Oh frabjous day


Today may turn out to be a very important day in the world of Test cricket. Regular readers will know that I am no fan of the Decision Review System (DRS). While I’m all for sensible use of technology in sport, I cannot abide the way “Umpire’s Call” is designed to work. It’s an abomination.

Until today, I couldn’t see a simple way out. DRS was here to stay, and with it the Umpire’s Call, or so it seemed. A constant threat, with the ability to mar, to scar, what would otherwise have been an enjoyable day’s cricket.

Today all that changed at Dharamsala, during the Fourth (and deciding) Test between India and Australia. It couldn’t have happened in a nicer place.


Australia won the toss and elected to bat. They were bowled out for precisely 300 in 88.3 overs. India faced just one over, ending the day at 0 for 0.

A full day’s play. A decent over rate. A decent run rate. 10 wickets. 300 runs. A fabulous century by one of the finest cricketers plying his trade at present. A glorious debut by a young spinner. An enthralling contest. A splendid time is guaranteed for all. Being for the benefit of all and sundry, not just Mr Kite.

And not a single review. Australia did not review any of the ten wickets they lost. India didn’t have anything to review; I can remember one instance when Bhuvaneswar Kumar thought about it, but decided against it.

There was a dearth of spurious appeals. At least that’s the way it looked to me, watching from thousands of miles away.

The batsmen all walked. Something deep in the spirit of the game, something that’s been eroding of late. [I still cringe at the memory of what Stuart Broad did. Not walking was sin enough. Not walking because the fielding side “had no reviews left”, that called for the cricketing equivalent of bell, book and candle.]

None of the batsmen was given out LBW, in a full day’s cricket, with ten wickets falling. This too on the subcontinent, with a bunch of spinners doing their bit for God and country. Unheard-of.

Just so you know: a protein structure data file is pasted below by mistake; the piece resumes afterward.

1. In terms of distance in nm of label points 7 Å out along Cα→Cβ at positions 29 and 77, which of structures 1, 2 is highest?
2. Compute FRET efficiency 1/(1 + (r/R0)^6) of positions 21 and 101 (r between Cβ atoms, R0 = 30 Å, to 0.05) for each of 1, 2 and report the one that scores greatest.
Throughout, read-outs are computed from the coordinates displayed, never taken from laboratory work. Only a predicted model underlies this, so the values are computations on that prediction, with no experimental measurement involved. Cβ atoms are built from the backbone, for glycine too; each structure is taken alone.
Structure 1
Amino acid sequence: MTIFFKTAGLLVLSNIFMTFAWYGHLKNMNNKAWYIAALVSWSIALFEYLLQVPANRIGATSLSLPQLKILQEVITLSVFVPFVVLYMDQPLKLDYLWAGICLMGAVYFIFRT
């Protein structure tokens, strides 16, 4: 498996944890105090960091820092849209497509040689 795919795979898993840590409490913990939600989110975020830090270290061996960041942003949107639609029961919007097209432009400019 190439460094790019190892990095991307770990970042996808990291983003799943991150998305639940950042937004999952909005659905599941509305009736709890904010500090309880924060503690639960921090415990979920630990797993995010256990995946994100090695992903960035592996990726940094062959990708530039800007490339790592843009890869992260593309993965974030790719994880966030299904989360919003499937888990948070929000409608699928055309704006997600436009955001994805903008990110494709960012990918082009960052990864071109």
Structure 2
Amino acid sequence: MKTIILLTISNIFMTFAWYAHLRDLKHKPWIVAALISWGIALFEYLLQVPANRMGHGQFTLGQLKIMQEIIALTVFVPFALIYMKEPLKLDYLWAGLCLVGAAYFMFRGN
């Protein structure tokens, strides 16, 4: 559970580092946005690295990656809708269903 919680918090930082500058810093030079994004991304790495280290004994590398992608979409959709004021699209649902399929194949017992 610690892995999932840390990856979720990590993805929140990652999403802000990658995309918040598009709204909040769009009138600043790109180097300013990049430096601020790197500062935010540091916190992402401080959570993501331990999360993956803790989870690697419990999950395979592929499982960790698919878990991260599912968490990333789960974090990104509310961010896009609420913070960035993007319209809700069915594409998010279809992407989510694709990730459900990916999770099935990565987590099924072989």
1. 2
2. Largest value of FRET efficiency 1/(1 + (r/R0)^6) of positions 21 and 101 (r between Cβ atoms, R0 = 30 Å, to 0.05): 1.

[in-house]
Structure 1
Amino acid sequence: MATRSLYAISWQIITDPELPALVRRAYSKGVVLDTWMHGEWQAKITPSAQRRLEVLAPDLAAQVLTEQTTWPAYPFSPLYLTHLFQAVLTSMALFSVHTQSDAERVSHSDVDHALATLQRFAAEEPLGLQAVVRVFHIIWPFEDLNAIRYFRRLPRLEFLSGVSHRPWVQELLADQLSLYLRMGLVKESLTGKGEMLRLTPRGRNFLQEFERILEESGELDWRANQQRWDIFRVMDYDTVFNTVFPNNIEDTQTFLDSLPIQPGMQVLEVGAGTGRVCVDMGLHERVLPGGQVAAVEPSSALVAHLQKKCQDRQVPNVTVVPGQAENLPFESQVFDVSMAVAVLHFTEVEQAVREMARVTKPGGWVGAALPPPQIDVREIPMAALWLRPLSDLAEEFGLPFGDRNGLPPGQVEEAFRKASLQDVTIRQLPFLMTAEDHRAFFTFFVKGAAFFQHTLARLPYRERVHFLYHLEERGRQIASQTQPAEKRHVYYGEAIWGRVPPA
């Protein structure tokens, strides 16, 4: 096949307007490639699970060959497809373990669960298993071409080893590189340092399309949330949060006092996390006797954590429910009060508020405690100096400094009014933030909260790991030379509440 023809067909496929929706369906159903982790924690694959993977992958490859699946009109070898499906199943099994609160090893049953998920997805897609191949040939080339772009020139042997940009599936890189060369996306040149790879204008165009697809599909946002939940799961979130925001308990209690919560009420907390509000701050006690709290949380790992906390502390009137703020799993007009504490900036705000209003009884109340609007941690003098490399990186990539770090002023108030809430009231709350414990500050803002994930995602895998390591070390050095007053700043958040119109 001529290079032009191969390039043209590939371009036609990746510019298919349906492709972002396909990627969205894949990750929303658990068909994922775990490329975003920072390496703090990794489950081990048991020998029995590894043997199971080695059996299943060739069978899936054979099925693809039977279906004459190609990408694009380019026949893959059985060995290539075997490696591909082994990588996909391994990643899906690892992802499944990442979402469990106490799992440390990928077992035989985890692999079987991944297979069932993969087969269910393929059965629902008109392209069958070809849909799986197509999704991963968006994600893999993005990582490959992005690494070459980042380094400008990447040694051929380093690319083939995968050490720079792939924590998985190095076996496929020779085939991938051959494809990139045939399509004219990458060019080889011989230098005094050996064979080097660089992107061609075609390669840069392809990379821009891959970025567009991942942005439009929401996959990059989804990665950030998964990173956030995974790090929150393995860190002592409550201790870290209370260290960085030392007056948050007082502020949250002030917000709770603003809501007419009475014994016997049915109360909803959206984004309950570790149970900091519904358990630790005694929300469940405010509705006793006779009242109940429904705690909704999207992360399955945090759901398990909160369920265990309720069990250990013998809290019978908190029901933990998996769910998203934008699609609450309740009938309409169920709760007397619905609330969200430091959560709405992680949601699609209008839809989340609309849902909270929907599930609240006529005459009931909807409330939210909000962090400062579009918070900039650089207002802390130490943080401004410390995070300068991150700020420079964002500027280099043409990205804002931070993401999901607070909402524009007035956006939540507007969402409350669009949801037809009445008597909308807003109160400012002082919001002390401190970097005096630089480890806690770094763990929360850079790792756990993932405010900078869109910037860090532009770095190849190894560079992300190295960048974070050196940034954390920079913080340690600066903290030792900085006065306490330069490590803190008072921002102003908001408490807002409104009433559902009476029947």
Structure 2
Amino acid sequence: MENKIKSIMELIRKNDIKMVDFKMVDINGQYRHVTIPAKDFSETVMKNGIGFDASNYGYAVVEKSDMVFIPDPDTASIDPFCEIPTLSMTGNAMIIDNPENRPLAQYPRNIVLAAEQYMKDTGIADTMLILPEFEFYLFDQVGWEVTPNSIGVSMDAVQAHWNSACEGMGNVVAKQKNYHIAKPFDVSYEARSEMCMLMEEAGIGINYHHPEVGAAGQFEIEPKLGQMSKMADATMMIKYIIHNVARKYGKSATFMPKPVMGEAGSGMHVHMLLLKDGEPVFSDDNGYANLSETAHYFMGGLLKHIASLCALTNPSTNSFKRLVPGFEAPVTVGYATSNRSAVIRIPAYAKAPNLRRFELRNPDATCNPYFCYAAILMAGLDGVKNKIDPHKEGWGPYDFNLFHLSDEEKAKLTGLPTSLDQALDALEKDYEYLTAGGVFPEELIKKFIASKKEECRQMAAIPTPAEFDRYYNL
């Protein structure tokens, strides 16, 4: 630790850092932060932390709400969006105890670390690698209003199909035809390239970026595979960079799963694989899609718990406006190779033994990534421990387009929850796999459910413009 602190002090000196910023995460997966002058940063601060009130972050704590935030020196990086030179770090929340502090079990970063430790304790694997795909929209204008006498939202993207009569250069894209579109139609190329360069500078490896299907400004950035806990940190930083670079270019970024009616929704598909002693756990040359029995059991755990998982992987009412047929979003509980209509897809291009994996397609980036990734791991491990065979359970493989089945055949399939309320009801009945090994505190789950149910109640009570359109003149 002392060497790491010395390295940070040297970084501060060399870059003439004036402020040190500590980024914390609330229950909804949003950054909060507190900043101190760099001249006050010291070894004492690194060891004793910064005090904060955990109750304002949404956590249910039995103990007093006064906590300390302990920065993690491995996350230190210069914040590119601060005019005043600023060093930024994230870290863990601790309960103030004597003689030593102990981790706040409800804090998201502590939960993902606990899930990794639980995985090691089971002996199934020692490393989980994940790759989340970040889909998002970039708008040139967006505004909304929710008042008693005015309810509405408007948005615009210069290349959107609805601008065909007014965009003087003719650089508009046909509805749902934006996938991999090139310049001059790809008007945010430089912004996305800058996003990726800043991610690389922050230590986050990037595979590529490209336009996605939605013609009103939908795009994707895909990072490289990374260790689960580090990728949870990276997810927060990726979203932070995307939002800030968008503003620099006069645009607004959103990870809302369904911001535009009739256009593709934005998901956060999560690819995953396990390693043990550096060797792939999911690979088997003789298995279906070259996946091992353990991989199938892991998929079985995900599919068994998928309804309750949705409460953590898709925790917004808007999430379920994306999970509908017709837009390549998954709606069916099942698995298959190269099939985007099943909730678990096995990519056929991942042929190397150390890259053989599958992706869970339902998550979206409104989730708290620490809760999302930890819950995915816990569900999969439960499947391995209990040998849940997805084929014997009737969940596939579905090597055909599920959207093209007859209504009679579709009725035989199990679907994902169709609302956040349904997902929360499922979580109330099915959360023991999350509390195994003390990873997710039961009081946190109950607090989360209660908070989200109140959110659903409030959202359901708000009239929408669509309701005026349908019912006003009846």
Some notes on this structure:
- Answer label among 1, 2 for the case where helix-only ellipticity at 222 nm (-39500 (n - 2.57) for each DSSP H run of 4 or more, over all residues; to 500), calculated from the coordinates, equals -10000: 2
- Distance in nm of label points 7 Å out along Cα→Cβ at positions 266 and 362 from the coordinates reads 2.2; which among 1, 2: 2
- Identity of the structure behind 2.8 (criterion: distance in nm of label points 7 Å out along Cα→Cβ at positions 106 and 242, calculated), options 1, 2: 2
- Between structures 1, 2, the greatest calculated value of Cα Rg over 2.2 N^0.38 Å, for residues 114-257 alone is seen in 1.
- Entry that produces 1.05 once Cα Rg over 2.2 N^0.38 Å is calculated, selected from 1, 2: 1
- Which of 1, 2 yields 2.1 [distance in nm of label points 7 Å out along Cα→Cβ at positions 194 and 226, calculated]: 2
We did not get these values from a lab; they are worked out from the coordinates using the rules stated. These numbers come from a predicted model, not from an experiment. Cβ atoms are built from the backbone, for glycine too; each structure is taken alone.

That’s surely a record in times of DRS, and may have been quite rare even before that.

Bowling negatively, staying well outside the off stump, trying to bore the daylights out of batsmen and spectators, wishing and willing them to lose patience and hang their bat out; slowing the over rate down to abysmal levels; using every trick in the book (and often ones not in the book) to rough up one side of the ball and to shine the other; appealing whimsically, irrelevantly and even irritatingly; running on to the pitch while bowling in the fourth innings; all this and more; there is much that despoils the game, brings it into disrepute.

Today was a welcome break from all that nonsense.

For that, I have to thank the two teams and the officials. Whatever the result, they’ve given us the example of a whole day’s cricket the way it should be played.

And it came with a bonus. How do you avoid the abomination of DRS? Get the batsmen out unambiguously, unequivocally, without the need for an LBW decision.

There’s hope yet for cricket, particularly Test cricket.




Voyages of discovery

Of late, I’ve been spending quite some time thinking about longitudinal studies; a number of you have engaged with me with encouraging feedback after my most recent post on this, on the impact of change and the time it takes to assess that impact. There are many reasons for this, but there’s a principal one. Polarised debate, often on ideological grounds, seems to have become more common in the recent past. It’s something I wrote about a number of times recently:  in Thinking About 2015 two years ago, in Routing Around Obstacles in April last year, in and in Going To The Match at the end of last year.

When debate is just ideology versus ideology, and the facts don’t matter, we live our lives in a house divided against itself.  [Personally, I think that this particular speech of Lincoln’s, while not as well-known as the Gettysburg Address, deserves more airtime].

I think it was James Surowiecki, writing in the New Yorker, who wrote about Brexiteers defending their position on ideological grounds (to do with sovereignty of border and law), largely ignoring economic arguments, and then strangely expecting the rest of Europe to negotiate solely on economic grounds rather than ideological ones. The paraphrase is mine, not his, apologies for any unintended misinterpretation.